Three and a half years ago you helped launch the very first Remedy Mission inside Iraq.

Today, twenty missions later, you have helped save the lives of more than 315 children through Remedy Missions alone. This doesn’t include the hundreds who have been saved through Remedy Fellowship. Beyond the immediate impact on these lives, you helped provide tens of thousands of hours of hands-on training for locals like Dr. Akeel, Dr. Zainab, and hundreds of medical professionals across the country.

We see your impact on a daily basis.

Your donations have ensured that hundreds each year can have access to the lifesaving surgery they need.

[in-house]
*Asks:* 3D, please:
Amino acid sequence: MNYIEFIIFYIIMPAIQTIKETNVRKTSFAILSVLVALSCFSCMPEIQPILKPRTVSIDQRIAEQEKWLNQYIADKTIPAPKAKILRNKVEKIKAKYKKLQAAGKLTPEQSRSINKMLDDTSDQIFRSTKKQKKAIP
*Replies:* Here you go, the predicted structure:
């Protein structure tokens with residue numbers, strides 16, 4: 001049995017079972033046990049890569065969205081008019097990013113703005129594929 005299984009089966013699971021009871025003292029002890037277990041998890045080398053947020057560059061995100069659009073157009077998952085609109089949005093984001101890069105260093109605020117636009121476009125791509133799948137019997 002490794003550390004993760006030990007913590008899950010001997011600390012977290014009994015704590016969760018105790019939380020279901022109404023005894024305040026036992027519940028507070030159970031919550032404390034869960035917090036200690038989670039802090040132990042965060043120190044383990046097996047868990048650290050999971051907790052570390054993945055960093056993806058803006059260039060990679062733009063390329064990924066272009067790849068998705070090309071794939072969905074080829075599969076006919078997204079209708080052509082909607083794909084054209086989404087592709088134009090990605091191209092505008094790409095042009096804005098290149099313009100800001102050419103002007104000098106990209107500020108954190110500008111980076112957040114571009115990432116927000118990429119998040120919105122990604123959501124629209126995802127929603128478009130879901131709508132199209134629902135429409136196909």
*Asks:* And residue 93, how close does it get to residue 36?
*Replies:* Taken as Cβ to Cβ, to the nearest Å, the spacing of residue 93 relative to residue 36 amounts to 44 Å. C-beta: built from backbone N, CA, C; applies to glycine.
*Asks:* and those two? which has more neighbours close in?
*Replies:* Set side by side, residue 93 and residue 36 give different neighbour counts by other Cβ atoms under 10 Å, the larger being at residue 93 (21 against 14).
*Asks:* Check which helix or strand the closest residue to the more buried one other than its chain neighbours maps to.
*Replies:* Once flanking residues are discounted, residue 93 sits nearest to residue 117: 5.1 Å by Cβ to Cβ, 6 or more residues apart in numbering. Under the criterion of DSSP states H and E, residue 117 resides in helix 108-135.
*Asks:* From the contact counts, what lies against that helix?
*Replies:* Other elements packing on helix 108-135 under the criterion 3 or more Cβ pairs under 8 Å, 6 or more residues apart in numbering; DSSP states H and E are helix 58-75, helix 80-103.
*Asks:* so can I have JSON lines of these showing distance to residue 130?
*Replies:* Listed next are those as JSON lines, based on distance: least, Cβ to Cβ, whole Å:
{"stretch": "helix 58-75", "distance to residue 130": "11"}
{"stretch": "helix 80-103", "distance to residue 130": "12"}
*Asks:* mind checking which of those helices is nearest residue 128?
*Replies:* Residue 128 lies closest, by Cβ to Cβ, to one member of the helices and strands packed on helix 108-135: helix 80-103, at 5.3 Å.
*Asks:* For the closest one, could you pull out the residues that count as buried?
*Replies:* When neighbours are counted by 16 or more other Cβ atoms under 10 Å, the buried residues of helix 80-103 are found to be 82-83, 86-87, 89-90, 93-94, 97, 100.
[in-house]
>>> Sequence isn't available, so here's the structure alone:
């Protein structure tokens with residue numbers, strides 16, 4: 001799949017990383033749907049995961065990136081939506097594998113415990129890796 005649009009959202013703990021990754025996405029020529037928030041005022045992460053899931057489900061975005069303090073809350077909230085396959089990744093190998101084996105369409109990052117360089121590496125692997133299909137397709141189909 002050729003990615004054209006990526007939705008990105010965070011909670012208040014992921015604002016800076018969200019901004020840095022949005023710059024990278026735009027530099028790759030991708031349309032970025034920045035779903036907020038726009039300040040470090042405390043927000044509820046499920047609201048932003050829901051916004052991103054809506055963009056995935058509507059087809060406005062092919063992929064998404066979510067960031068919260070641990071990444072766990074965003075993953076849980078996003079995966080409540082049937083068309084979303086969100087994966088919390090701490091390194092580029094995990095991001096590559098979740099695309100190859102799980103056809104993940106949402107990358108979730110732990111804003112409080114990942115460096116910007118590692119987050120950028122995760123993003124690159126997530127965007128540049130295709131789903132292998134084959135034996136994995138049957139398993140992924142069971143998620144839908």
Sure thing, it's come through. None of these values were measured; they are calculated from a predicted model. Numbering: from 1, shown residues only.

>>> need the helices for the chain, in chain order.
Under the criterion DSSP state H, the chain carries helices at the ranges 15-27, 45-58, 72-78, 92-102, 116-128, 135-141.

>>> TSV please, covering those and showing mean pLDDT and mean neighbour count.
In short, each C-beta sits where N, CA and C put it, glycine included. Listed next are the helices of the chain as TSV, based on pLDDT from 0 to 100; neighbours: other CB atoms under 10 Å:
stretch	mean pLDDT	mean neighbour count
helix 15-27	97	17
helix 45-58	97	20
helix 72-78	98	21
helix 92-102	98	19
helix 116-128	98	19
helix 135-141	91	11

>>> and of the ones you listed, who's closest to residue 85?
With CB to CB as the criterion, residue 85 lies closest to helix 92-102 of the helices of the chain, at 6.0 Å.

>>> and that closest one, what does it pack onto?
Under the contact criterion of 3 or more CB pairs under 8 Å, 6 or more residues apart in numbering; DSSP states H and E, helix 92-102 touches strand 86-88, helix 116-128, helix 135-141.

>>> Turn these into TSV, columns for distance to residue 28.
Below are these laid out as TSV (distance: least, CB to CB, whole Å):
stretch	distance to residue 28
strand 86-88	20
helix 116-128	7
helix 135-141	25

Remedy Mission XX continues your impact. These past two weeks we witnessed Zainab, Hussein, Fatima, and twelve others receive lifesaving surgeries. We witnessed thousands of hours of training given around the clock to local doctors and nurses. We witnessed two surgical operations that had never been performed before in this local heart center, bringing inspiration and hope to an entire local community who thought these kind of lifesaving operations were only available outside of Iraq.

This is your impact!

We have two more Remedy Missions just around the corner, but we need your help. Will you donate today and continue your lifesaving impact inside Iraq?

Your donations will help launch two more Remedy Missions in central and southern Iraq before the year ends.

Click here to donate now!


Our Partners:
Living Light InternationalInternational Children's Heart Foundation